Wyden, Merkley Co-sponsor Bill to Establish National Paid Sick Days Policy

Washington, D.C. – U.S. Sens. Ron Wyden and Jeff Merkley said today they are co-sponsoring the Healthy Families Act, paid sick days legislation that would help keep workers, communities and the economy in Oregon and nationwide healthy.

The COVID-19 pandemic has both magnified and spotlighted the long-standing need to fix a broken paid sick leave policy that forces far too many hard-working people into the brutal choice between their health and their paycheck,” said Wyden, Chair of the Senate Finance Committee. “This inequity lands especially hard on women and communities of color, and this must be the Congress that builds a fair sick days policy for safe workplaces in Oregon and nationwide during this public health crisis and beyond.”

“We’ve learned during this pandemic how dangerous and shortsighted it is to force someone who is feeling sick to decide between protecting themselves and their community by staying home, or losing their job,” said Merkley. “Paid sick leave is a basic right that workers deserve, regardless of the color of their skin, their zip code, or their line of work. It’s time that we pass this bill and finally deliver—for those workers, their families, and all of us.”

The reintroduction of the Healthy Families Act comes as one in four workers still lack access to paid sick days. For these 32 million private sector workers—who are disproportionately women and people of color—getting sick or having to care for a sick loved one means having to choose between losing a paycheck or going into work sick and risking the health of their colleagues and their community.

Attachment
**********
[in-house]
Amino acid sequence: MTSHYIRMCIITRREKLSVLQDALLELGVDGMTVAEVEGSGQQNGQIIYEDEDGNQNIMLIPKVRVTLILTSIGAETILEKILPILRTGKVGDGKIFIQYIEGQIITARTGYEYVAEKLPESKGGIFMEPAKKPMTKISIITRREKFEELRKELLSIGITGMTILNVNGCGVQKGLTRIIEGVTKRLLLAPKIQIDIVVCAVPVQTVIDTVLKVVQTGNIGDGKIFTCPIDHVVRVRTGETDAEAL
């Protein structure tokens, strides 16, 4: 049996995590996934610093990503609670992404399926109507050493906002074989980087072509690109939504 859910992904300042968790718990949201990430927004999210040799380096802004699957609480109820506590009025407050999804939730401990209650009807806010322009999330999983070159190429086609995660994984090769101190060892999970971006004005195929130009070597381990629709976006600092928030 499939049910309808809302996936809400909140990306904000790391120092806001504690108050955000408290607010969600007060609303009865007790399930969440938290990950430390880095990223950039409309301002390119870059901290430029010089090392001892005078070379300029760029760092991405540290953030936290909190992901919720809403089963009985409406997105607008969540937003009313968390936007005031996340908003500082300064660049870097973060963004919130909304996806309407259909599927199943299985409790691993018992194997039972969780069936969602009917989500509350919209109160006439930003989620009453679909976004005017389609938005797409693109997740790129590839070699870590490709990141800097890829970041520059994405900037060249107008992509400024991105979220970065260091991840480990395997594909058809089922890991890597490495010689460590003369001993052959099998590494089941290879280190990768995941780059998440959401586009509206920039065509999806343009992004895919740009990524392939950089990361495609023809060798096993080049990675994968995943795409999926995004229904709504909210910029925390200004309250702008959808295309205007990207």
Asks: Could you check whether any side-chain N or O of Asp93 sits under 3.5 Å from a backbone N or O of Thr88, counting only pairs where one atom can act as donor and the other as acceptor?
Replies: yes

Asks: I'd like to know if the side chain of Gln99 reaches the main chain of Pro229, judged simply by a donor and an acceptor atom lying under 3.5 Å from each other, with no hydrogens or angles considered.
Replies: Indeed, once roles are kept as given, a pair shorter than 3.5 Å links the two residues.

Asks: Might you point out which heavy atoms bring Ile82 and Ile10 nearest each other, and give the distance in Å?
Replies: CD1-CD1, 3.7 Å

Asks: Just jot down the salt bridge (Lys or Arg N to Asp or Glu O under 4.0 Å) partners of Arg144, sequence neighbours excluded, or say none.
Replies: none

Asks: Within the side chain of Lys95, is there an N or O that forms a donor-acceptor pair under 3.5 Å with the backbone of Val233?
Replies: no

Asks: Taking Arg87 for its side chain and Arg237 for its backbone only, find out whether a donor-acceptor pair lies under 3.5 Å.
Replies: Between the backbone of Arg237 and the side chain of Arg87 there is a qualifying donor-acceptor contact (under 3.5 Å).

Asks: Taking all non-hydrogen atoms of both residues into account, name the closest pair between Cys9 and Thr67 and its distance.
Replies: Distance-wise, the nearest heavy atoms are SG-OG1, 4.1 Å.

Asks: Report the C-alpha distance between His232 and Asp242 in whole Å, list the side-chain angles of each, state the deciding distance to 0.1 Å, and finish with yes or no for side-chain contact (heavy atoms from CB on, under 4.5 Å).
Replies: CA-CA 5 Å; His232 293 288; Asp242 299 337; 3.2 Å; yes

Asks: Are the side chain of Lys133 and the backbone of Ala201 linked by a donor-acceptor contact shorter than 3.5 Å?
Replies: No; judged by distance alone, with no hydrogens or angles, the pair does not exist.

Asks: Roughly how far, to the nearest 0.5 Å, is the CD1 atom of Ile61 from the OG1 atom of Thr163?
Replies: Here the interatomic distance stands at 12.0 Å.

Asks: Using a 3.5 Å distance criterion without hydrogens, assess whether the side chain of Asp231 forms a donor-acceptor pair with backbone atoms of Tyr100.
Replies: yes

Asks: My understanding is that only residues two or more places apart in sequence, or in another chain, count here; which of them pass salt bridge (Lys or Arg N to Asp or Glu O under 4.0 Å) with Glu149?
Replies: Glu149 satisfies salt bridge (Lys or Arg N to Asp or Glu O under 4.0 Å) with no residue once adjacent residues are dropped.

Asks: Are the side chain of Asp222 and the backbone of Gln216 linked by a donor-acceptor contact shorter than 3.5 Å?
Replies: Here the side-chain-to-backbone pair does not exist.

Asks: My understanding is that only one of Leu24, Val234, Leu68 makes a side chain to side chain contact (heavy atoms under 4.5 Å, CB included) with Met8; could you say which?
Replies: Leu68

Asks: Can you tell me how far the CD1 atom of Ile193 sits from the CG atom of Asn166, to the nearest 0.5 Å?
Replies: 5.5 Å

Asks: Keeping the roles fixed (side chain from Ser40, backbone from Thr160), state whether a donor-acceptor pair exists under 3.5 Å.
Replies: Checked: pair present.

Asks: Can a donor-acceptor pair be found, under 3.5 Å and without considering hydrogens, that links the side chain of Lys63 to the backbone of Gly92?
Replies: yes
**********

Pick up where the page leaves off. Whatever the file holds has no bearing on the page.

Recent studies show that requiring employers to provide paid sick days reduces the spread of flu-like illnesses and reduces emergency room visits by 1.3 million annually, saving $1.1 billion a year. Another study showed that the emergency paid leave provision passed in 2020 helped slow the spread of COVID-19 by roughly 15,000 cases per day.

The Healthy Families Act would allow workers at businesses with at least 15 employees to earn up to 56 hours, or seven days, of paid sick leave each year. This would allow workers to stay home when they are sick or to care for a sick family member—as well as to seek preventive medical care, or seek assistance related to domestic violence, stalking, or sexual assault. Businesses that already provide paid sick leave would not have to change their current policies, as long as they meet the minimum standards of the Healthy Families Act.

In addition to Wyden and Merkley, the Healthy Families Act introduced by U.S. Sen. Patty Murray (D-WA), Chair of the Senate Health, Education, Labor, and Pensions (HELP) Committee, and U.S. Rep. Rosa DeLauro (D-CT-03), was co-sponsored by 35 other senators and by 155 House members.

A list of the 52 national and 15 state organizations that have endorsed the Healthy Families Act is here.

Bill text is here.